BABYLON (2022), the latest movie by writer/director Damien Chazelle, the man who gave us LA LA LAND (2016), my favorite movie that year, and starring Margot Robbie and Brad Pitt, is not getting great reviews or performing well at the box office.
But I loved it.
It speaks to the magic of movies, and what it has to say about how important movies are to people is spot on, and it does this with a story about just how cruel and unforgiving the business is to those who work in it, creating a perfect storm of opposites: how can a medium so magical and which brings such joy to people the world over be built on such depravity and callousness? And the answer the movie offers by film’s end is that in the end, it’s all worth it— all of it, the pain and suffering and loss—none of it matters in the long run, because movie makers create high art that is seen in theaters around the world and that connects to fans forever.
BABYLON takes place during the 1920s, during the era of silent movies, and opens with an extravagant, decadent Hollywood party/orgy filled with drugs, sex, music, and even an elephant! This opening pre-credit sequence goes on for over 30 minutes and might have viewers wondering if this is the point of the movie? One long party sequence to show how Hollywood partied in the 1920s? The good news is that this is not the point of the movie. Instead, this sequence serves as an introduction to the three main characters in the story.
We meet Manny Torres (Diego Calva), a young Mexican American who is employed by the famous party host, and we first see him trying to transport the elephant to the party mansion, but it’s at the party where he meets Nellie LaRoy (Margot Robbie) a vibrant young actress who crashes the party in the hopes of getting discovered. Manny comments to her that she wants to become a star, and she replies that she is already a star, that you’re either born a star or not, and she is. We also meet Jack Conrad (Brad Pitt) who at the time is the silent screen’s biggest leading man.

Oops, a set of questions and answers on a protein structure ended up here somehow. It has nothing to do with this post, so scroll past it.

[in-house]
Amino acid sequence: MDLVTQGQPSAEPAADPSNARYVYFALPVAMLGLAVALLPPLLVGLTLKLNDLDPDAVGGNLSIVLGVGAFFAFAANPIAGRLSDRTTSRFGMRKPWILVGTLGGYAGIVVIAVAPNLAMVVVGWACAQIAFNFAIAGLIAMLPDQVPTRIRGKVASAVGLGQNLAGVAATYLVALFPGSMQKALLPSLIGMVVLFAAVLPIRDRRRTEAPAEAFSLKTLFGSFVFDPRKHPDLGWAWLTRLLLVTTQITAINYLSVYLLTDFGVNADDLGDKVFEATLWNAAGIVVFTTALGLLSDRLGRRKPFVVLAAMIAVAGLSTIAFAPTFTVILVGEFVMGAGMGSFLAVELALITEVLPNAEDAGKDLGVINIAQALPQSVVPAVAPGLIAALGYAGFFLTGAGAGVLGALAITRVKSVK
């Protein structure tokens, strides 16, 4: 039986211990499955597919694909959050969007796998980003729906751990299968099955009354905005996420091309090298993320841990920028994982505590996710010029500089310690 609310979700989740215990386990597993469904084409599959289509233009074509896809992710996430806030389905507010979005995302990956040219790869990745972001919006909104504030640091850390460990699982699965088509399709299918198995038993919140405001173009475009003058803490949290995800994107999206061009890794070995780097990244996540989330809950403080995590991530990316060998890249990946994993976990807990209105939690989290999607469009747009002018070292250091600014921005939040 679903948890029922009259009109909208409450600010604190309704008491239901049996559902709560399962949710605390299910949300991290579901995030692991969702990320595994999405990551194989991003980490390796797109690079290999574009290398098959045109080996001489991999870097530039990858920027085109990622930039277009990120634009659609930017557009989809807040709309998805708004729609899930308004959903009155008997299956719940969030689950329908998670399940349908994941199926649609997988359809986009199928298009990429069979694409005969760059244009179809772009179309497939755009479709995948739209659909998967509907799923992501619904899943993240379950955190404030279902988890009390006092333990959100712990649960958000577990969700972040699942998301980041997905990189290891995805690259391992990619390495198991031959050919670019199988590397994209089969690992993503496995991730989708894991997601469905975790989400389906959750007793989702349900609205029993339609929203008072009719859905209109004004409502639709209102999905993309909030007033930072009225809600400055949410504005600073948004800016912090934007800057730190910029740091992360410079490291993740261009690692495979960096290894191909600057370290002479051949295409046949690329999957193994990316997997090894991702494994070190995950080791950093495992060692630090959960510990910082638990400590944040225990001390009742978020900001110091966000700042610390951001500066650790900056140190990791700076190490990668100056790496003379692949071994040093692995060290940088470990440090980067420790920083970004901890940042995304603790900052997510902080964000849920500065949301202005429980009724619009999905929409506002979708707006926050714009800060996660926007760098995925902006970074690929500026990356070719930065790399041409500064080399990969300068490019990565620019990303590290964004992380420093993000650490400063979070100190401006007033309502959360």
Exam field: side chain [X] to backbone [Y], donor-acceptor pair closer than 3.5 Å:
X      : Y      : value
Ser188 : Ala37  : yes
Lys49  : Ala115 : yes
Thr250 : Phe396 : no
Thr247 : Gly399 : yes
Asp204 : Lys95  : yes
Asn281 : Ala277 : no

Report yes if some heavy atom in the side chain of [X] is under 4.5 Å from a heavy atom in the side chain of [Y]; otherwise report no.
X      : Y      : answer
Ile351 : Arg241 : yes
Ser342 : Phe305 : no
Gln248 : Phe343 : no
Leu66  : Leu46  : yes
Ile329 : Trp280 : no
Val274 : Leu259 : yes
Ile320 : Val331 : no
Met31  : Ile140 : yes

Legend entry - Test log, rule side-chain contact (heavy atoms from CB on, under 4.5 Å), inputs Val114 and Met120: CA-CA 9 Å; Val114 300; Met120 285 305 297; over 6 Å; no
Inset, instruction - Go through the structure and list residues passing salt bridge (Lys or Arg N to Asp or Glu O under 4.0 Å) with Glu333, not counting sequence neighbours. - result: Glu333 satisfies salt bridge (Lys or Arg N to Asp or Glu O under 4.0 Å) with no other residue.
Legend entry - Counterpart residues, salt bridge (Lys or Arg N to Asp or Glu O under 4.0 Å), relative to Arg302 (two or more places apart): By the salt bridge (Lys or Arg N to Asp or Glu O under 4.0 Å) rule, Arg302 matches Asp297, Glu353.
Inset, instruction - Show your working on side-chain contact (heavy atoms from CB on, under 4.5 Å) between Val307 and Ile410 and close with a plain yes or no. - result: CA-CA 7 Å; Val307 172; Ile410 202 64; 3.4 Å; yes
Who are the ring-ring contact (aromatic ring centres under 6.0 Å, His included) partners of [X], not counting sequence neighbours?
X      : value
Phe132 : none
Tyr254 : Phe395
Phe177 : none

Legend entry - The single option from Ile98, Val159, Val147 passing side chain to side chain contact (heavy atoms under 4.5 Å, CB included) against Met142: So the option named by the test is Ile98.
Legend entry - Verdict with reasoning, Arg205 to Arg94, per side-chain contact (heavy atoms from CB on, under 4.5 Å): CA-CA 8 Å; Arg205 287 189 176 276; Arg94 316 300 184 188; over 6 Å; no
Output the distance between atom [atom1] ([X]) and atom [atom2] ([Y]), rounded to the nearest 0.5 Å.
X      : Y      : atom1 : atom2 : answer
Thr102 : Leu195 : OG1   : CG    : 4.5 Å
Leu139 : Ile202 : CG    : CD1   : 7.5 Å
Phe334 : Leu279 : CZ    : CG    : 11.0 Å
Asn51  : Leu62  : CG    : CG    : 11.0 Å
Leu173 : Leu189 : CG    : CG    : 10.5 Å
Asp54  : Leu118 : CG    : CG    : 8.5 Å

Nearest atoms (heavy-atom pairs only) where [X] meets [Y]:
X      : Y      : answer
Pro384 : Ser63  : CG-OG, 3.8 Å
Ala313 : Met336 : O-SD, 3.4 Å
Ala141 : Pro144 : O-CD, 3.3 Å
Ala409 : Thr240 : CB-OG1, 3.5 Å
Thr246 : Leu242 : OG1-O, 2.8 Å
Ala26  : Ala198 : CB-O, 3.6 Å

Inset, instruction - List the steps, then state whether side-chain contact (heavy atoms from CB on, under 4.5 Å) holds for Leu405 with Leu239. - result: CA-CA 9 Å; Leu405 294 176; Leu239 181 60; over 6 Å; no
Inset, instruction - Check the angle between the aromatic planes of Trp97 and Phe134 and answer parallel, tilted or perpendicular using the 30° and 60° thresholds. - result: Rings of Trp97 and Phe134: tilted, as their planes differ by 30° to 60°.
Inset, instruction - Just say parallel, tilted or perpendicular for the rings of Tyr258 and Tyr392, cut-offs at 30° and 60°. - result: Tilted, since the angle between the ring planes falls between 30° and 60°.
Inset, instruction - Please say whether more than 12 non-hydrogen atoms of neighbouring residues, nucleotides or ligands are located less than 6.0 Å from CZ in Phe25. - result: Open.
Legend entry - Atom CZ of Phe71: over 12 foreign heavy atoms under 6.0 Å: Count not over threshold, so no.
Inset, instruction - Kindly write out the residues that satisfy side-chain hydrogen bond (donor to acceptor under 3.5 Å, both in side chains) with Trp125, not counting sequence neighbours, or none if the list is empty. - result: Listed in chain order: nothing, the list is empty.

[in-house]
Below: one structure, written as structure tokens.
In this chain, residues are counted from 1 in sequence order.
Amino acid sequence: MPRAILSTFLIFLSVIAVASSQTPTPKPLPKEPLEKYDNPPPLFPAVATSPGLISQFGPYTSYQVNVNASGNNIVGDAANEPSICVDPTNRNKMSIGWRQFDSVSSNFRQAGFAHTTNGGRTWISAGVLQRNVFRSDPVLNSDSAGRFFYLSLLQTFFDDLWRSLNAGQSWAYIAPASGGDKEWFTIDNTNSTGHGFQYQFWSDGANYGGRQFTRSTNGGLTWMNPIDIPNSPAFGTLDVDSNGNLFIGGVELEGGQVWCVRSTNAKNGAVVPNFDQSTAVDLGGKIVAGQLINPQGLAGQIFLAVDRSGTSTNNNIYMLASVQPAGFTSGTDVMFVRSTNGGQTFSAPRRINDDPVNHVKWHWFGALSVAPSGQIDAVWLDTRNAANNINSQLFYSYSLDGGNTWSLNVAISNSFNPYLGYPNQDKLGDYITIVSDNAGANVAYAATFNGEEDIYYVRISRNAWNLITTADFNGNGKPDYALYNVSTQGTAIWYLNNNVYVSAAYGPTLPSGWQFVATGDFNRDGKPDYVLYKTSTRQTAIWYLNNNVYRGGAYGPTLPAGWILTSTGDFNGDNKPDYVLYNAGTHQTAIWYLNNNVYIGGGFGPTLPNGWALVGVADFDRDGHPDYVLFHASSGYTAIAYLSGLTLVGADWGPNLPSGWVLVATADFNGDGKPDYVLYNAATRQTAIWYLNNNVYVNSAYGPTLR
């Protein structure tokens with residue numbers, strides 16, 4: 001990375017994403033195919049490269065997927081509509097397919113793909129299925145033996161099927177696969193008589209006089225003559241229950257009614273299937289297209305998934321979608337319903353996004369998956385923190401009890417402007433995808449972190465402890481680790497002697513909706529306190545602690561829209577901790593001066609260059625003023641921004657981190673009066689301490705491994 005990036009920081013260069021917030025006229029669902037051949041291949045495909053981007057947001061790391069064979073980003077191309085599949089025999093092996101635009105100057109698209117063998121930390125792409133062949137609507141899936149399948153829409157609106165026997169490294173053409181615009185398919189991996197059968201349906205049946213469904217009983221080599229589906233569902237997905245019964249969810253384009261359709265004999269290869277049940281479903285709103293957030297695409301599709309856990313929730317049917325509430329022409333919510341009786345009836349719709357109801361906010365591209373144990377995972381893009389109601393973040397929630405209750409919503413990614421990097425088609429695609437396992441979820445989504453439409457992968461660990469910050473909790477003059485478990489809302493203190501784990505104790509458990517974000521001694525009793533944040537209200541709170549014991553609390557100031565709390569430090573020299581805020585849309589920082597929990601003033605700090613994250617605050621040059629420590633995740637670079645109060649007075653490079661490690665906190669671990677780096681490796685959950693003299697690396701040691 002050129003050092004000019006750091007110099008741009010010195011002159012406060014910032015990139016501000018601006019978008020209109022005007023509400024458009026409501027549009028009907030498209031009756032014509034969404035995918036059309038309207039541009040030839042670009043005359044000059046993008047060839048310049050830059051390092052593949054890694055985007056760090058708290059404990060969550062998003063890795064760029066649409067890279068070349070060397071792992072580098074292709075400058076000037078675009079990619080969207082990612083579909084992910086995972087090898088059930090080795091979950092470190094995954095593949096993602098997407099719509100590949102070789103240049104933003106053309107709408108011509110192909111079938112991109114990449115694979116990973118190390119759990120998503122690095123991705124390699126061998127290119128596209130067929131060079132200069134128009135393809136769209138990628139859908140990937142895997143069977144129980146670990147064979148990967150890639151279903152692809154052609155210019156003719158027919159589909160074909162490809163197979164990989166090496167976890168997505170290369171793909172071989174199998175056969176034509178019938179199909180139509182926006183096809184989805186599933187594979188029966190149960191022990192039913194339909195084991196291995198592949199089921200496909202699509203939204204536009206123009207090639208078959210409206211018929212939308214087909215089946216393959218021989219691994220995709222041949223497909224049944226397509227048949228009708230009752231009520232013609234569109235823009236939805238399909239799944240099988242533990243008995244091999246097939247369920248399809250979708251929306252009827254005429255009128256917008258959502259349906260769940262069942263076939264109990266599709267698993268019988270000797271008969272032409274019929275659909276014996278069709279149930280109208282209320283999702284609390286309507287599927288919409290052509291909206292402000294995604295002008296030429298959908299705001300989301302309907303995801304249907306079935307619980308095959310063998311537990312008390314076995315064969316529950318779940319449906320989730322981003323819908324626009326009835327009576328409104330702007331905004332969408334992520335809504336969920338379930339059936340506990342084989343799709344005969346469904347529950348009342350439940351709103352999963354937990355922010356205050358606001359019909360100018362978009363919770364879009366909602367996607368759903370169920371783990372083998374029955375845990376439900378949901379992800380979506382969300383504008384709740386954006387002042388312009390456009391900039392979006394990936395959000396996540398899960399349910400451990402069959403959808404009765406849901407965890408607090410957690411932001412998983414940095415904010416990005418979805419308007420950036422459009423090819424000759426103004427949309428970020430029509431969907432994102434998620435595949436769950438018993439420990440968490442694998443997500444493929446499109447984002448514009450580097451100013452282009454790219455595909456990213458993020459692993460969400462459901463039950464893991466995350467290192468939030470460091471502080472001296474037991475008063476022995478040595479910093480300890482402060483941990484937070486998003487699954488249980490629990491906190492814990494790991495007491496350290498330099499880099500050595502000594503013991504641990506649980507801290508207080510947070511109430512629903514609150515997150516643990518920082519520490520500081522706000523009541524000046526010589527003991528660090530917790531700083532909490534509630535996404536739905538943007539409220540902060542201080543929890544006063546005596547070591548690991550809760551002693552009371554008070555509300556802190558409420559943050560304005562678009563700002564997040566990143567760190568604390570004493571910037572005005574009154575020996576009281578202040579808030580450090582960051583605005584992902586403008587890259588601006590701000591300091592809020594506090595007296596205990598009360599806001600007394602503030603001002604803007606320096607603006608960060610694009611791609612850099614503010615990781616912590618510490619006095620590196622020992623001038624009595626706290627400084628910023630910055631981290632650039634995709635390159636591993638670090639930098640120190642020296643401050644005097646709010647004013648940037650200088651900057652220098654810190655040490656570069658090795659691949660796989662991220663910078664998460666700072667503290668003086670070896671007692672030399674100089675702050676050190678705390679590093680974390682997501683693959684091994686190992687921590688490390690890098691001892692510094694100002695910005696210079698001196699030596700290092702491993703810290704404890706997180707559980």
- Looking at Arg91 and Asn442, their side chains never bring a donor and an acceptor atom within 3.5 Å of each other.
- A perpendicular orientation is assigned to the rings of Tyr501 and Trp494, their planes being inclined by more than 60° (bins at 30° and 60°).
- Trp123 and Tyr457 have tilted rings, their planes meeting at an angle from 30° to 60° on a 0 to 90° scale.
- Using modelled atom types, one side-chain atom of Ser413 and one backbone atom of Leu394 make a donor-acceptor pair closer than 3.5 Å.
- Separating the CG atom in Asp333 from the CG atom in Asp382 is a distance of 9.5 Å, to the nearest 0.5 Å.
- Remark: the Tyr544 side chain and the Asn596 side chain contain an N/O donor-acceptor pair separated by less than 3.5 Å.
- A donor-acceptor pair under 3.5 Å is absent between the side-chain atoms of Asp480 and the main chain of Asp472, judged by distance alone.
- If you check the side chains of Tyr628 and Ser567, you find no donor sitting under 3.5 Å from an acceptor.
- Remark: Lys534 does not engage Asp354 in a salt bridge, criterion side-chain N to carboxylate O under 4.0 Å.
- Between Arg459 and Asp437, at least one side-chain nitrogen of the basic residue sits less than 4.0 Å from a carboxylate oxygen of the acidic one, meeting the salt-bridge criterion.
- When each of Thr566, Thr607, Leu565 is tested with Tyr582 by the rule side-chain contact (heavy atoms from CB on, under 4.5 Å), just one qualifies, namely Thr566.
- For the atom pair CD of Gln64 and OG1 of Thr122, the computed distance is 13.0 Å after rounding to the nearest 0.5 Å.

When the party finally ends, Manny is told to drive a drunk Jack Conrad back to his home, and he does. Jack enjoys conversing with Manny, and the next day tells Manny that he wants him to join him on the set of his movie as his personal helper, and since Manny is dying to break into the movie industry, he agrees. Meanwhile, when an actress at the party overdoses on drugs and nearly dies, the producer picks Nellie on the spot to replace her. It’s a bit part, one scene, but Nellie is more than up to the task.
On Jack’s movie, after a brutal on location battle sequence, the director finds himself out of cameras, and Manny is sent to find replacement cameras and get back on location before sunset, a job is he is determined to complete.
The movie then follows Nellie’s rise to stardom, Manny’s triumphant climb to the director’s chair, and Jack’s slow decline from box office star to Hollywood has been as he struggles to make the transition from silent movies to sound pictures. But don’t expect A STAR IS BORN. As Jack learns in a conversation with tabloid reporter Elinor St. John (Jean Smart), the industry is bigger than all of them, it doesn’t need any of them, and it will continue when they are dead and gone. And so, Nellie’s and Manny’s success is also fleeting.